Coffee markets 'face volatility', as 'monstrous' Brazil crop looms

11.04.2017

Weather is to take centre stage in coffee markets, which will "likely" be marked by increasing volatility, as investors balance thin short-term supplies with the potential for a "monstrous" Brazilian harvest next year, Rabobank said.

The bank hiked by 2.8m tonnes to 2.5m tonnes its forecast for the world coffee production deficit in 2017-18, citing an increased estimate for global consumption, and reduced estimates for output in Brazil, following a recent crop tour, and Indonesia, after heavy rains.

"There are a few reports confirming that Indonesia will see little recovery this year in [in output] due to strong rains," which can "often be excessive" in the country, Rabobank analyst Carlos Mera said.

While the bank boosted its estimates for supplies heading into 2017-18, it acknowledged that the stocks-to-use ratio – a much watched pricing metric – for global coffee was "heading to a very low level" by mid-2018.

'Potentially monstrous crop'

However, the market was in the "unusual situation" too of facing a "potentially monstrous Brazilian arabica" harvest from July 2018.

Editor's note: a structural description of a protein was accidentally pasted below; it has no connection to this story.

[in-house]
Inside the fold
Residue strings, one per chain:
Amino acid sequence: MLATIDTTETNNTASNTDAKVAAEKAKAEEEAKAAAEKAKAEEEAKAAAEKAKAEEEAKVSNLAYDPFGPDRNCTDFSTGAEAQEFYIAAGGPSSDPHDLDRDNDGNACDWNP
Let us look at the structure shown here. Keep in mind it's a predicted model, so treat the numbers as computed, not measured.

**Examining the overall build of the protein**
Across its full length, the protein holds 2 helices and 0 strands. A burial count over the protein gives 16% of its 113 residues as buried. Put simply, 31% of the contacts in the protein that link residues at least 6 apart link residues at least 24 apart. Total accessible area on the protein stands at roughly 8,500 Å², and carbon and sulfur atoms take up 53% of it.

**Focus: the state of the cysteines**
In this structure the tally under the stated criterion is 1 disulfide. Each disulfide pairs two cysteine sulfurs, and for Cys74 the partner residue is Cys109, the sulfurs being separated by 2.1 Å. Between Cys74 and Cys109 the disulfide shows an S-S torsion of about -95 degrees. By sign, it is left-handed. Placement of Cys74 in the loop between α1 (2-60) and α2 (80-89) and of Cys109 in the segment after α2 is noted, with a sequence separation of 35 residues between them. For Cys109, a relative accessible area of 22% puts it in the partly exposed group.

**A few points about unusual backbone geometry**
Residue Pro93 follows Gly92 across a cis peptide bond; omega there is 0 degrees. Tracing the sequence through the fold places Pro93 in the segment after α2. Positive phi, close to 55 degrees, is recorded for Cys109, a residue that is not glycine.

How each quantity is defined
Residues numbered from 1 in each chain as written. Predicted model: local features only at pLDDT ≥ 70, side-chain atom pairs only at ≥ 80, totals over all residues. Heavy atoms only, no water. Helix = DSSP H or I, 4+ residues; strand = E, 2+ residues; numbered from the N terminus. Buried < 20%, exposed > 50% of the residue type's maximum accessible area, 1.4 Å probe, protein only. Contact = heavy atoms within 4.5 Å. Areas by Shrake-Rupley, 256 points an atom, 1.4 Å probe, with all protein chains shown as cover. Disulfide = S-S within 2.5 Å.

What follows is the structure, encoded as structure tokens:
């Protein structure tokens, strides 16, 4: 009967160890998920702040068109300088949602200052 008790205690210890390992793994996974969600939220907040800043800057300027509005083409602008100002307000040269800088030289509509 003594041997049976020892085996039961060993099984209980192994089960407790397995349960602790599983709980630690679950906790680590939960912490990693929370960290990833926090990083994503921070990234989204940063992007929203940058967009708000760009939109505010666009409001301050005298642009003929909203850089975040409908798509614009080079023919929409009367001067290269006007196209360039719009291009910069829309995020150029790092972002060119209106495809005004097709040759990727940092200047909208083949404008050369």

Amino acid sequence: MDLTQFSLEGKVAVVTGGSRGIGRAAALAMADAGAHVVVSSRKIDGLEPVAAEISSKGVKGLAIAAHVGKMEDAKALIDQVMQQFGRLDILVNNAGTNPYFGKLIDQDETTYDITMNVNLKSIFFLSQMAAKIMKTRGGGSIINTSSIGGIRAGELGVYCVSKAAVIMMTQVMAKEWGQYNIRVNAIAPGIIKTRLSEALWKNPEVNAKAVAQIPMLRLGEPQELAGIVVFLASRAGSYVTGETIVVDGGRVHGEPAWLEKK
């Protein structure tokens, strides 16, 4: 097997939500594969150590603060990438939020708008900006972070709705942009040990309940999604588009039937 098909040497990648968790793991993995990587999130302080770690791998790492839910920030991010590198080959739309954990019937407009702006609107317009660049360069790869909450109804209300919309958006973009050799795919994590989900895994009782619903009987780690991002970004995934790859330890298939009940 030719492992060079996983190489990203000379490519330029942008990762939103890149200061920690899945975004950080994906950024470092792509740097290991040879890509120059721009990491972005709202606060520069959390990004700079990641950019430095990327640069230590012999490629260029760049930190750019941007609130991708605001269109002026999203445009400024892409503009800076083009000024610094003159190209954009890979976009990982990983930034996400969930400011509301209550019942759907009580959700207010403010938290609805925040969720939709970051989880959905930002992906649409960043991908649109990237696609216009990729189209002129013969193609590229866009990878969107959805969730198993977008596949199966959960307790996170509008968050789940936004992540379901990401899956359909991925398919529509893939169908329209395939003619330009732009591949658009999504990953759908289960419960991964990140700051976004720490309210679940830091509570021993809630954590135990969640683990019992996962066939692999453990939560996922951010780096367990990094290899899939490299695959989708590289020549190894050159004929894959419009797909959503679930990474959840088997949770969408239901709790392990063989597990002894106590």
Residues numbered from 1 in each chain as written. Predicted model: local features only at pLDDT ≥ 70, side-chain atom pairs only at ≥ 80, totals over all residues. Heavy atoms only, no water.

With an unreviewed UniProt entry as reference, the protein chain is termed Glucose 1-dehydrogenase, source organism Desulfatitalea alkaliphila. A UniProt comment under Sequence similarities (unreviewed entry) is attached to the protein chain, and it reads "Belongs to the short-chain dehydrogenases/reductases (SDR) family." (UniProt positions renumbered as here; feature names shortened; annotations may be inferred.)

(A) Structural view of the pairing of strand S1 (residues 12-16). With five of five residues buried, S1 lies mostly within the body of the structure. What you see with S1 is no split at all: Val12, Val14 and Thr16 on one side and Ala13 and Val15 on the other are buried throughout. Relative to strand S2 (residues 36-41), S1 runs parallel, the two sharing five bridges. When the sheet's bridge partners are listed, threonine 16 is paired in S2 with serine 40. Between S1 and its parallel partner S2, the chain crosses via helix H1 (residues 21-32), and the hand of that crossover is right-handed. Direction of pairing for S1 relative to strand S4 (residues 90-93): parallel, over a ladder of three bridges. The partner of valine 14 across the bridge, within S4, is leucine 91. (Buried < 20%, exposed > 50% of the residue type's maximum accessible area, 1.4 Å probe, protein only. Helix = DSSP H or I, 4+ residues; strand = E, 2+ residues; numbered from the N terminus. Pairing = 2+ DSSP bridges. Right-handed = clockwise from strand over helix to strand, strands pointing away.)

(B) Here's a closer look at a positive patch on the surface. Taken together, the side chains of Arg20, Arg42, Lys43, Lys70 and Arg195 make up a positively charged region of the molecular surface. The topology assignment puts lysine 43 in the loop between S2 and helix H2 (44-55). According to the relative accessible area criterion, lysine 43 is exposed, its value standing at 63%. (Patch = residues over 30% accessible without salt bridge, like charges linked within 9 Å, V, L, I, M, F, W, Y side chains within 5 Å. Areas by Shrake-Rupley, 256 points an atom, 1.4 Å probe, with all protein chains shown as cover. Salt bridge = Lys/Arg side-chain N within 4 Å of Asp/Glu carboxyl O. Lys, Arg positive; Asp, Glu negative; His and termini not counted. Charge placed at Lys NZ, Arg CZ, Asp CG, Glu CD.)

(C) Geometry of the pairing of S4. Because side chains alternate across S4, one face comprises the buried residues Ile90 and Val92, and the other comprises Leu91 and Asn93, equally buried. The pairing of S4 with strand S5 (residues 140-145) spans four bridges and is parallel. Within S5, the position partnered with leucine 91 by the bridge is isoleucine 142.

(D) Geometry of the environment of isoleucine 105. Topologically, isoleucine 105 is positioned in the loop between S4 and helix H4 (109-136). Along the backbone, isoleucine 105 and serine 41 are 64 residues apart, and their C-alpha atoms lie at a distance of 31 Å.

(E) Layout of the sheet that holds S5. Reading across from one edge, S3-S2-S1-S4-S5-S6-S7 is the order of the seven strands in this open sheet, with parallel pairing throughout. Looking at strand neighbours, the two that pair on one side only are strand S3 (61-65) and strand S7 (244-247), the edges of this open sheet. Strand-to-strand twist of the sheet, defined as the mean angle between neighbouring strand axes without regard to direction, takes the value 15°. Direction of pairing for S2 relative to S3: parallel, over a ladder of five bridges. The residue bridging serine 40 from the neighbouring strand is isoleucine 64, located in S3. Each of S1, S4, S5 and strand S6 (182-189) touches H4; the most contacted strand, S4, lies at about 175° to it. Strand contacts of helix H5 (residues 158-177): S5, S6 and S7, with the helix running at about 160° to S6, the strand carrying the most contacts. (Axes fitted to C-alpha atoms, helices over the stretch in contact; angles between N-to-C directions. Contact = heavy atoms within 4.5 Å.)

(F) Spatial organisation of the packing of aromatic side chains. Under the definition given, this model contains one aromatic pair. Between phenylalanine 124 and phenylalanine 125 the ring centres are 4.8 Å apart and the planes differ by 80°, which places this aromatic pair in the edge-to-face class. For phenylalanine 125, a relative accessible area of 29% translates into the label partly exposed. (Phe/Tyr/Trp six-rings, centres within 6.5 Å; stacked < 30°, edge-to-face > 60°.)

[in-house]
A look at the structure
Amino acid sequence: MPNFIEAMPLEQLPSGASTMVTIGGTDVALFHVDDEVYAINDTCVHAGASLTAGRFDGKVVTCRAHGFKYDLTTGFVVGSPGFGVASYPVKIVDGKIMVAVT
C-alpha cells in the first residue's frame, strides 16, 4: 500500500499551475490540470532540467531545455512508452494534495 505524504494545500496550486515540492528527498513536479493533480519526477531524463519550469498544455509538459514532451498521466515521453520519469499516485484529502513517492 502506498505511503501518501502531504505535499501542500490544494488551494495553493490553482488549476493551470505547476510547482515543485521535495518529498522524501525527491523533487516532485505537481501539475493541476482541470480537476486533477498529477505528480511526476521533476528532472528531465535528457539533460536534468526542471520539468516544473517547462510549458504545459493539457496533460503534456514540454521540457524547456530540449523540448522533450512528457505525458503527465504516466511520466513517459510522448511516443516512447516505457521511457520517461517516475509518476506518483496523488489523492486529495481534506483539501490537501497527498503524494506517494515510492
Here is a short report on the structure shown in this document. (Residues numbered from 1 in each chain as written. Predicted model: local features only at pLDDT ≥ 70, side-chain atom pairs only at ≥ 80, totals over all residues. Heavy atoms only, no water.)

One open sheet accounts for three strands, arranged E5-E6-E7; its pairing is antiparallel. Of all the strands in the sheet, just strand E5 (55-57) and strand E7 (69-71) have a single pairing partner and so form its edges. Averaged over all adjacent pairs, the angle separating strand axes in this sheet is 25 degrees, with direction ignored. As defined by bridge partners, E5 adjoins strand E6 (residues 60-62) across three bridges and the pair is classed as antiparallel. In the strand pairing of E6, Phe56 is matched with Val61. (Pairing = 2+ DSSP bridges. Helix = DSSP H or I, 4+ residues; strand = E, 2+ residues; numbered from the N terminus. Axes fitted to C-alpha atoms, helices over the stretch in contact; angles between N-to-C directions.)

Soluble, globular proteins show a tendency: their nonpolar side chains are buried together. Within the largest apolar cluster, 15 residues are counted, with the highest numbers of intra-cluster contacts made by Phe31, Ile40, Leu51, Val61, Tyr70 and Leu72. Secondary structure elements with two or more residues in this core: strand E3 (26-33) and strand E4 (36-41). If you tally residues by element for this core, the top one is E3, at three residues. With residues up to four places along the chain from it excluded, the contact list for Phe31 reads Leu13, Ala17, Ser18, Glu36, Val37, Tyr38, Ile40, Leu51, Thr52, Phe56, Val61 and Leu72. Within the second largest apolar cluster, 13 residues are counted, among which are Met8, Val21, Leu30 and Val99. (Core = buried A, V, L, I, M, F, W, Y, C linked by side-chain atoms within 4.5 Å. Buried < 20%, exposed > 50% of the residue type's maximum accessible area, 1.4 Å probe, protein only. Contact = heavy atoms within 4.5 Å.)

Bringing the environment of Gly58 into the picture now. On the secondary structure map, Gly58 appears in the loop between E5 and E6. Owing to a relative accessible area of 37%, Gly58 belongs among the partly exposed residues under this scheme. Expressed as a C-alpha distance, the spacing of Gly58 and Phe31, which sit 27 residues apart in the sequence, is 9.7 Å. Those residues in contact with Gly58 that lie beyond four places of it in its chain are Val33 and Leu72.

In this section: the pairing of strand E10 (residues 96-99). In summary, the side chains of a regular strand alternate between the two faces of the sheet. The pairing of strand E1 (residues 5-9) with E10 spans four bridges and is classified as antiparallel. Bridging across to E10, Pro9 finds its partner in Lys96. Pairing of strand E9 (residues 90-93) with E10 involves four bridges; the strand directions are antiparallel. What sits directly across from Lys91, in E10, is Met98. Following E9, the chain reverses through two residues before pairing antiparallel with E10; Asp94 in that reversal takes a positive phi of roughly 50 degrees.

The 2018 harvest should anyway be relatively large – being an "on" year in the country's cycle of alternate higher and lower producing years.

But the 2018 upswing may be particularly marked thanks to the number of plantations being rested for this year's harvest, following a strong 2016 crop.

'Exacerbated price impact'

The dynamics mean that "any weather effect" which may alter expectations for Brazil's 2018 output "will have an exacerbated price impact.

"Futures will come under increasing pressure if there is no frost over the Brazilian winter and we see a good flowering in September/early October."

Still, Mr Mera forecast in the meantime that volatility in coffee markets "will likely increase" as stocks in buying countries are drawn down from current "very high levels".

ICO price pessimism

The assessment comes amid a flat period for coffee markets, with implied volatility, on a nearest-but-one contract basis, standing at 27% for New York arabica futures and 23% for London-traded robusta futures – levels termed "relatively low" by Rabobank.

And they follow downbeat comments on Friday on coffee price prospects from the International Coffee Organization, which said that the "market currently lacks any strong signals to reverse from its current gradual decline".

"Certified stocks on the New York and London futures markets have increased further by 2.4% [month on month in March] and 1.9% respectively.

"At the same time, inventories in consuming countries continued to build up," the ICO said, highlighting that US stocks in February hit 6.45m bags, the highest since May 2003.

Rabobank in its latest ag price outlook, late last month, forecast arabica futures averaging 147 cents a pound in the October-to-December period, a price in line with where December futures were trading at on Monday.

The bank forecast London robusta futures averaging $2,100 a tonne during the quarter, below the $2,191 a tonne at which November futures were trading at.


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